The Jewish leaders would not enter Pilate’s quarters. This would have incurred uncleanness and interfered with the Passover. Carson considers this situation and also the apparent discrepancy between John’s account and that of the Synoptics (Carson 1991, 589). Carson’s conclusion is that the Jews were considering the entire Feast of Unleavened Bread as part of Passover. The Jews expected that Pilate would go ahead with their plan to execute Jesus. Yet in verse 31 Pilate refused them, possibly simply to antagonize them (Carson 1991, 591). Yet, when Pilate questions Jesus, Jesus pushes him to make a conclusion. Is Jesus the king of the Jews? (Carson 1991, 593). By verse 36, Jesus is helping Pilate see that he is a king, over Pilate, but not of an earthly kingdom (Carson 1991, 594). Pilate is not eady to recognize this, so he calls off the interrogation (Carson 1991, 595).
After the crowd refuses to have Jesus released, John 19 begins with Jesus’ sentenceing. Jesus is mocked and beaten. Carson discusses the different types of flogging that Romans practiced. He does not have a clear opinion of which penalty was given (Carson 1991, 597). In 19:4-5 Pilate again presents Jesus to the people as a pathetic figure. Carson notes that Pilate’s mockery of the Sanhedrin is biting. Jesus doesn’t seem to be any sort of threat at this time (Carson 1991, 598). The response of the Jewish leaders is that Jesus claimed to be God’s son. This, Carson notes, creates fear in Pilate (Carson 1991, 600). If Jesus is divine in any sense, Pilate should fear for his life. He seeks relief by questioning Jesus more. Jesus eventually explains, in brief. Carson notes that Jesus shows that none of the events have happened apart from God’s authority. The person who turned Jesus over to Pilate was more guilty than Pilate. Humans are therefore responsible for sin in this event, though their sin accomplishes God’s purpose (Carson 1991, 601). Finally, Pilate tries to rescue Jesus and the Jewish leaders claim their allegiance to Caesar. It is an odd world (Carson 1991, 603).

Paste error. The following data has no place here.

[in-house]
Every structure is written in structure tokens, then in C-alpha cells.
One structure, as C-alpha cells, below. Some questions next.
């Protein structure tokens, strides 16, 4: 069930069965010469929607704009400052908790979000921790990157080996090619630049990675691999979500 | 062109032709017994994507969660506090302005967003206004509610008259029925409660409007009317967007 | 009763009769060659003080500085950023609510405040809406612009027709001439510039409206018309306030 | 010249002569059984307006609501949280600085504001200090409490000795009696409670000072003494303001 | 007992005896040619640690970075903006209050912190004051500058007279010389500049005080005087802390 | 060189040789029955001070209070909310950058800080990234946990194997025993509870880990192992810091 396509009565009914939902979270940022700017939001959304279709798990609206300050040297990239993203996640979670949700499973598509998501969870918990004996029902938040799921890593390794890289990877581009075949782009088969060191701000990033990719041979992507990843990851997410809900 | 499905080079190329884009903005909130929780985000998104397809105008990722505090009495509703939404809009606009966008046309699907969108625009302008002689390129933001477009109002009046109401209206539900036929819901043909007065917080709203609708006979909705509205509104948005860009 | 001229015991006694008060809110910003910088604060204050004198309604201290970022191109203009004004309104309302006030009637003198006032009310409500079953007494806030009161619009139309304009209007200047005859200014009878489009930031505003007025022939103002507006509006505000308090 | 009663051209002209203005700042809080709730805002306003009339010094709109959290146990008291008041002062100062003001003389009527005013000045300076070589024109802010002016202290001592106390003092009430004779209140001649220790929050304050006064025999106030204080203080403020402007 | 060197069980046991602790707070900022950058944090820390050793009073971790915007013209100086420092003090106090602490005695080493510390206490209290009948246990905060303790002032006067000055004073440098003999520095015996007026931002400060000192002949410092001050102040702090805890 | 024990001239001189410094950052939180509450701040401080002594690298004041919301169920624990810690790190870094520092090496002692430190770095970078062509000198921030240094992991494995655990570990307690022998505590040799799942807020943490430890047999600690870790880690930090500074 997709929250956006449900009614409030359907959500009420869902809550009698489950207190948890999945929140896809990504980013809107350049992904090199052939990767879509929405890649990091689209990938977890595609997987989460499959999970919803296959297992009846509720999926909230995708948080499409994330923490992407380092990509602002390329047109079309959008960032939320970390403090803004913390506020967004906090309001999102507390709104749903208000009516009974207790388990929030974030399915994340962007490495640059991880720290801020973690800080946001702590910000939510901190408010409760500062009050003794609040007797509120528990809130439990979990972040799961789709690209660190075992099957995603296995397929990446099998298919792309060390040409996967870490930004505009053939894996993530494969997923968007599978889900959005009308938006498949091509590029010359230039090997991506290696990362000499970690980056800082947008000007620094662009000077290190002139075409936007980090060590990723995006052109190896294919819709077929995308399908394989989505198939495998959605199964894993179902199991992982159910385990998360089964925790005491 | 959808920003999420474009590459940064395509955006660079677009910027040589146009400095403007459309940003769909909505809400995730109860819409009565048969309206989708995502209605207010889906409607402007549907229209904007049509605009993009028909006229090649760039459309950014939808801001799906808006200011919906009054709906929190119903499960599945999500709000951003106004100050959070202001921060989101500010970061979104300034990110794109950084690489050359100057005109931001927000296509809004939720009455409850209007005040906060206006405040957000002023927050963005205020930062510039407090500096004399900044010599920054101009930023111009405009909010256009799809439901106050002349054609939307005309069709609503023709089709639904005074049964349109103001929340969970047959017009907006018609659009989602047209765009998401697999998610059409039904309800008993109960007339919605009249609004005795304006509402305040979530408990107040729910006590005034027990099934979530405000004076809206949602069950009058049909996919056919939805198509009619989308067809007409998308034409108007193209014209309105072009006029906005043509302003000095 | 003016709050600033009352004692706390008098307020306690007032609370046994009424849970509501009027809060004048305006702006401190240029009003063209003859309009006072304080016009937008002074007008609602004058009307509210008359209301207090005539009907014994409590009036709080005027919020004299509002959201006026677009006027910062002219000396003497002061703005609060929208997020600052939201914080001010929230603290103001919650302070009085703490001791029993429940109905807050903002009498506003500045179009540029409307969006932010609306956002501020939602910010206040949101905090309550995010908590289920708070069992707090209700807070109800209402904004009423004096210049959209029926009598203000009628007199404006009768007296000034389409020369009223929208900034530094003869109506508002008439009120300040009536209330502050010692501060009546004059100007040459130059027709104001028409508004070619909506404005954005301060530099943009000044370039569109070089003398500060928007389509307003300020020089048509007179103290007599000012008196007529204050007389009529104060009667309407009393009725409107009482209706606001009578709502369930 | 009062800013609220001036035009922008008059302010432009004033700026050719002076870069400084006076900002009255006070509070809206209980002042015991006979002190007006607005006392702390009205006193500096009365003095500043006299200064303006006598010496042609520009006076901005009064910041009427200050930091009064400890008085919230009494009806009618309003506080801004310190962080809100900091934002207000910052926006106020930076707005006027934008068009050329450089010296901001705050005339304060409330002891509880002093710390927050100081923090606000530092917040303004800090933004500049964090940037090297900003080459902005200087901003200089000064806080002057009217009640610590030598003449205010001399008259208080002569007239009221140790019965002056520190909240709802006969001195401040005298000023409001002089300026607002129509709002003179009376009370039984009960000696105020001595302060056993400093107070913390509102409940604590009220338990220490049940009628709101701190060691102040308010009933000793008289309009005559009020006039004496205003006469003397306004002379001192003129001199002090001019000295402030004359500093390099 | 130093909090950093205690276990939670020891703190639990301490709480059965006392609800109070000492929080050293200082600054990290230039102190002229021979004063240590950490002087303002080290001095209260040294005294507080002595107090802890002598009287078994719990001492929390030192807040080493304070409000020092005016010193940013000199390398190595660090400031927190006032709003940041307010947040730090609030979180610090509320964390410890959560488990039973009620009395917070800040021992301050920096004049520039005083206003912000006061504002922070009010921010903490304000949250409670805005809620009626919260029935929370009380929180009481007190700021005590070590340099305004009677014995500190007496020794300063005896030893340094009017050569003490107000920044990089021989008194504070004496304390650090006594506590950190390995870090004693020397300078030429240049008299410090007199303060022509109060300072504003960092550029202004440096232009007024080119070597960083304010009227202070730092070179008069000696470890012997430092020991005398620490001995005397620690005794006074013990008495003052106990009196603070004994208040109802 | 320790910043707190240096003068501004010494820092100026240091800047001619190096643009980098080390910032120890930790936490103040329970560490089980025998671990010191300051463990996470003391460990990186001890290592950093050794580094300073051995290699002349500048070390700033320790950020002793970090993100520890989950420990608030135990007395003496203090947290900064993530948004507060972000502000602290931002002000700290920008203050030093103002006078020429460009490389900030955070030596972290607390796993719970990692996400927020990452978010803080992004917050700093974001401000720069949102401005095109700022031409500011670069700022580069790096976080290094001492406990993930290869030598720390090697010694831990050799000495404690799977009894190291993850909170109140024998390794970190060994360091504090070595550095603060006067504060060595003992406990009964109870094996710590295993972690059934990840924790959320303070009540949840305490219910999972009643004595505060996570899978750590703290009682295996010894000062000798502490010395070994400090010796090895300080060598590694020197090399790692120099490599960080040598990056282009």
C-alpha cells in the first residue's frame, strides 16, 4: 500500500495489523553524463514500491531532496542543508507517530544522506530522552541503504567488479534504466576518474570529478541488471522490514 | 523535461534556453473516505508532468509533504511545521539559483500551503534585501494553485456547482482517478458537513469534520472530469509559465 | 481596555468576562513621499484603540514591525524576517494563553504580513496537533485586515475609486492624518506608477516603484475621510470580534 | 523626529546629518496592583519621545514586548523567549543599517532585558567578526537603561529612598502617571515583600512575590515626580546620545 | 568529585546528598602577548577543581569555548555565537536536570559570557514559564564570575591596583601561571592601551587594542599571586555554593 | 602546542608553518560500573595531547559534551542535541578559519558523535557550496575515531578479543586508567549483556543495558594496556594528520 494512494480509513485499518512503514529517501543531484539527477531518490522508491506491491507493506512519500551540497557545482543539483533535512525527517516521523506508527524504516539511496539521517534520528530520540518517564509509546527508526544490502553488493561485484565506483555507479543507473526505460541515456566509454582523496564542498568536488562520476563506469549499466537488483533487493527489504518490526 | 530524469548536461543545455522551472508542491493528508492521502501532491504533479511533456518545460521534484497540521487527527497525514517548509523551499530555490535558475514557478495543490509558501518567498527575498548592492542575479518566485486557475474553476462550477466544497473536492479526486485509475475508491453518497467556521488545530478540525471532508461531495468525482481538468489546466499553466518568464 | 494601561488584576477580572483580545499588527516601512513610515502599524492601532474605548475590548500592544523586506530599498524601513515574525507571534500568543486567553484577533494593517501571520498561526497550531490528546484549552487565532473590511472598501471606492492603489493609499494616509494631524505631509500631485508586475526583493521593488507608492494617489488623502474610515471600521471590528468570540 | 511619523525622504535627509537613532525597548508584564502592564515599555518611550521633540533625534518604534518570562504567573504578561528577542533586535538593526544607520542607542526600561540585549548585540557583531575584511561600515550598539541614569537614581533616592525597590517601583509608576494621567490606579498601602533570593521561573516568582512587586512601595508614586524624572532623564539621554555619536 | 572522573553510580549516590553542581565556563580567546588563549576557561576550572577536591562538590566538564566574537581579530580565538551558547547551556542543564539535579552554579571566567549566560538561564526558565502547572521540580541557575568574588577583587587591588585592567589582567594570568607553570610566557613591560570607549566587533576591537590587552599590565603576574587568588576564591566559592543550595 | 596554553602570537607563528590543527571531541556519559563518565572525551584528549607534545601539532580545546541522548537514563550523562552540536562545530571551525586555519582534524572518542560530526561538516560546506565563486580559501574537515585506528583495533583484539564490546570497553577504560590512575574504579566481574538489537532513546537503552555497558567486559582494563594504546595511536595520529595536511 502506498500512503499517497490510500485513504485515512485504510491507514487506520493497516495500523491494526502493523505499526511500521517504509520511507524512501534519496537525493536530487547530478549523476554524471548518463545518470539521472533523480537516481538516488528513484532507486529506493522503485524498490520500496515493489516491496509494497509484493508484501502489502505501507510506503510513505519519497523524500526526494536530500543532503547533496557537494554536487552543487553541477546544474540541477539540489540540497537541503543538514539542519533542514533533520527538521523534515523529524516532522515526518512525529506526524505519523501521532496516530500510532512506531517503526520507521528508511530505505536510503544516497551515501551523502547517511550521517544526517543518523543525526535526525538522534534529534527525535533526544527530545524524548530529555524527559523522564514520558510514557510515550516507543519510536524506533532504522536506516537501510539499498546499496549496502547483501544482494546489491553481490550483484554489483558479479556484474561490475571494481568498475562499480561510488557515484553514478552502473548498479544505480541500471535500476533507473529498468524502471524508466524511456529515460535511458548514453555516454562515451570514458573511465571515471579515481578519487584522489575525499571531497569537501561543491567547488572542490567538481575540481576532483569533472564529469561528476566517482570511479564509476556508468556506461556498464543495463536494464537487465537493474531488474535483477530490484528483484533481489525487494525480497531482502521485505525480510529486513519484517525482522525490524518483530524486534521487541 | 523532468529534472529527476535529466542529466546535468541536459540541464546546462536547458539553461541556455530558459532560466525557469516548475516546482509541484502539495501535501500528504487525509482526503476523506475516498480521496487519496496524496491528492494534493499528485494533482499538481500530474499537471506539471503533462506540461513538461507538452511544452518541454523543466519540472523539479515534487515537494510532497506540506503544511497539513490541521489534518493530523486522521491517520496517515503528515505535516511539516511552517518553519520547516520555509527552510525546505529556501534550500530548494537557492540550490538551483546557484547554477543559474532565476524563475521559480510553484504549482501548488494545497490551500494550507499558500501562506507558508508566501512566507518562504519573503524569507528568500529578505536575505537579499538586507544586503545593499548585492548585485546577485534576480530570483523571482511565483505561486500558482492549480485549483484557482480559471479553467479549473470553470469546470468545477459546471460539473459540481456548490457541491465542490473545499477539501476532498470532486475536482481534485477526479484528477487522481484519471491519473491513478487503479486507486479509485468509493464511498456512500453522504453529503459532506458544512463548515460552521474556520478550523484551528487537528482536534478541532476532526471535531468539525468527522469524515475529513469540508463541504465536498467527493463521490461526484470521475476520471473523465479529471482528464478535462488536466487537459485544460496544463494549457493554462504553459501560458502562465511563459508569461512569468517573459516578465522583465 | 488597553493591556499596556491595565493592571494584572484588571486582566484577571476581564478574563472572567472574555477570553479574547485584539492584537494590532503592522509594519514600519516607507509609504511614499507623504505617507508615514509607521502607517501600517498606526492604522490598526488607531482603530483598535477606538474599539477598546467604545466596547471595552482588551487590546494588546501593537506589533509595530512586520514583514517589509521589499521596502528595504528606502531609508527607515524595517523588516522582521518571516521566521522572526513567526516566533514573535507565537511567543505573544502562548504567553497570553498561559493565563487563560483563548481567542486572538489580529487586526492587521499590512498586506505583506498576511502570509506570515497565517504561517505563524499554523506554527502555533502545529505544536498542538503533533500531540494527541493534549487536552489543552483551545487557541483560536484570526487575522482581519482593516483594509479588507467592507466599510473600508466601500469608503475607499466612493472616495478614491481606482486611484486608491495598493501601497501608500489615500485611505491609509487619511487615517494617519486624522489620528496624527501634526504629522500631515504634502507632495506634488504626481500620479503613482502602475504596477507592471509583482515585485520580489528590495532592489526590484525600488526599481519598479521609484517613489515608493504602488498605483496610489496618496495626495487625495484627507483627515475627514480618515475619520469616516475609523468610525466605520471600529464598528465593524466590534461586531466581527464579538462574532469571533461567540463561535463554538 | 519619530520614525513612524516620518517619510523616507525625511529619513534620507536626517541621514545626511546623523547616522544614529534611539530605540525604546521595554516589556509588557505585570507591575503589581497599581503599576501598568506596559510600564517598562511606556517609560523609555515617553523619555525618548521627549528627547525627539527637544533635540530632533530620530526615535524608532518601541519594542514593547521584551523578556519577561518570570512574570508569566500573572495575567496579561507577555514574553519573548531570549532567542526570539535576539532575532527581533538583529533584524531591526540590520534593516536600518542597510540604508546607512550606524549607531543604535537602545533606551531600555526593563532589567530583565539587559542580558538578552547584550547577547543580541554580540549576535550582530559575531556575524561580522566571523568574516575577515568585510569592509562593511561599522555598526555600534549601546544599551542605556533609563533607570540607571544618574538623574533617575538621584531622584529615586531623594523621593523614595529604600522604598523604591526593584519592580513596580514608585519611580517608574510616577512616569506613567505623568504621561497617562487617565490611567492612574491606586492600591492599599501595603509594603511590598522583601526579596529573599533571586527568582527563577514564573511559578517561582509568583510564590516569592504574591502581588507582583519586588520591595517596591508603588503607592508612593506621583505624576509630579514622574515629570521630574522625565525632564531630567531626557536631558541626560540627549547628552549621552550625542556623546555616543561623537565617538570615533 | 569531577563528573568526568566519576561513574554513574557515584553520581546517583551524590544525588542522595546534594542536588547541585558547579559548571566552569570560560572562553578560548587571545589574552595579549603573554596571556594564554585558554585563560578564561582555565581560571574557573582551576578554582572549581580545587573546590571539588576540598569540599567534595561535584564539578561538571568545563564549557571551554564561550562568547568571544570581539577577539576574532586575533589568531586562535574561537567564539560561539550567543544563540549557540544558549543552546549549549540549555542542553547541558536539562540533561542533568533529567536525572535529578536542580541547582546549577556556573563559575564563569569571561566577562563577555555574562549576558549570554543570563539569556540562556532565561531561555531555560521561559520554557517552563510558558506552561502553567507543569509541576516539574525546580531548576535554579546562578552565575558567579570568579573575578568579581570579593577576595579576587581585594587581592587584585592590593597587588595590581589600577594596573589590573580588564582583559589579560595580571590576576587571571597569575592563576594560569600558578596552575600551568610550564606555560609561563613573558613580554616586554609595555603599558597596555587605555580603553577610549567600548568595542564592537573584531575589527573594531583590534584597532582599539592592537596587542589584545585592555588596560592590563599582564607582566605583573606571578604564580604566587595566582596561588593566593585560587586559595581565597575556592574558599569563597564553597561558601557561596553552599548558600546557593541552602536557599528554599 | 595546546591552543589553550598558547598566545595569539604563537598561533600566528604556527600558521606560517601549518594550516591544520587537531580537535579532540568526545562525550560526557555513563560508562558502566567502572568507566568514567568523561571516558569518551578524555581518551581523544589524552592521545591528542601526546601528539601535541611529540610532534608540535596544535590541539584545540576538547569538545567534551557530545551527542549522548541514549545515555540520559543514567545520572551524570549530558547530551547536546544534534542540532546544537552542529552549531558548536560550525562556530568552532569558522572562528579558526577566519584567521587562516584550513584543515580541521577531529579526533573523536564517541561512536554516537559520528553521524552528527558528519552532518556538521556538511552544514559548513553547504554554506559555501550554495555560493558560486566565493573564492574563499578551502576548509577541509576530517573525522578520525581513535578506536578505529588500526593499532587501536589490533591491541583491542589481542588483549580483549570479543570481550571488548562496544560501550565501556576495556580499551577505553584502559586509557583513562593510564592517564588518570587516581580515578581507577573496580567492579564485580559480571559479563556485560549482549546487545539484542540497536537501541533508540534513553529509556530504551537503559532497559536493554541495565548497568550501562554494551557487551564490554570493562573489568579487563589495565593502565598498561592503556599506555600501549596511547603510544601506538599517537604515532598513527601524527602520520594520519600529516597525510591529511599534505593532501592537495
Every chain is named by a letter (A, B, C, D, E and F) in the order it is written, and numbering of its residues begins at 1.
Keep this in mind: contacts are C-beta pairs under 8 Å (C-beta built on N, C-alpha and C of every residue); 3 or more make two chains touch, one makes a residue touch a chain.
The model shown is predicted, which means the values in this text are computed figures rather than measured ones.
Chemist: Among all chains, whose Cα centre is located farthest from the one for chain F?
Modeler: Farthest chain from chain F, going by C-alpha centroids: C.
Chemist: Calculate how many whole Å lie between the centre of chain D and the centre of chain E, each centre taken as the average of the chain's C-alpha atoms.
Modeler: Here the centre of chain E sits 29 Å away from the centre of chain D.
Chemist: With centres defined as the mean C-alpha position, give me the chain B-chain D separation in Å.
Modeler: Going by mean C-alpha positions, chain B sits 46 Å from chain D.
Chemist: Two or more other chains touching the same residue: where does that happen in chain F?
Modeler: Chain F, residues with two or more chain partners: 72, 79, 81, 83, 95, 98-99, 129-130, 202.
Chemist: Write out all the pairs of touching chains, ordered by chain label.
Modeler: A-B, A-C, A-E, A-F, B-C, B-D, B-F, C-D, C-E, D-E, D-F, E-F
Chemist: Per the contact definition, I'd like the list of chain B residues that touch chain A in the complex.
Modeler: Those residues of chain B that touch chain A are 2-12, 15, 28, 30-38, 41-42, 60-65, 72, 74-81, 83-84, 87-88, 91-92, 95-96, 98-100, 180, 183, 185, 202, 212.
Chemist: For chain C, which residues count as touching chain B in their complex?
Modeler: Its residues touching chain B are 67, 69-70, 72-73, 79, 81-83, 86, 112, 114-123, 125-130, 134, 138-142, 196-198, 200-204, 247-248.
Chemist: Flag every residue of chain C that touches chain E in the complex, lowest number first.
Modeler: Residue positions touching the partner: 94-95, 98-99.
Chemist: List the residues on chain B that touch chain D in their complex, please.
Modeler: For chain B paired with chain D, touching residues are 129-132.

Carson here considers the inconsistency about the date of the Passover and the crucifixion. This is in response to the “preparation” of John 19:14. Carson’s conclusion is that the accounts of John and Mark do conflict but for understandable reasons of approximation and emphasis (Carson 1991, 605). Pilate speaks mockingly about Jesus as the king. The chief priests react by denying any king but Jesus (Carson 1991, 606). John presents the incidnt as yet another time that people speak the truth in ignorance.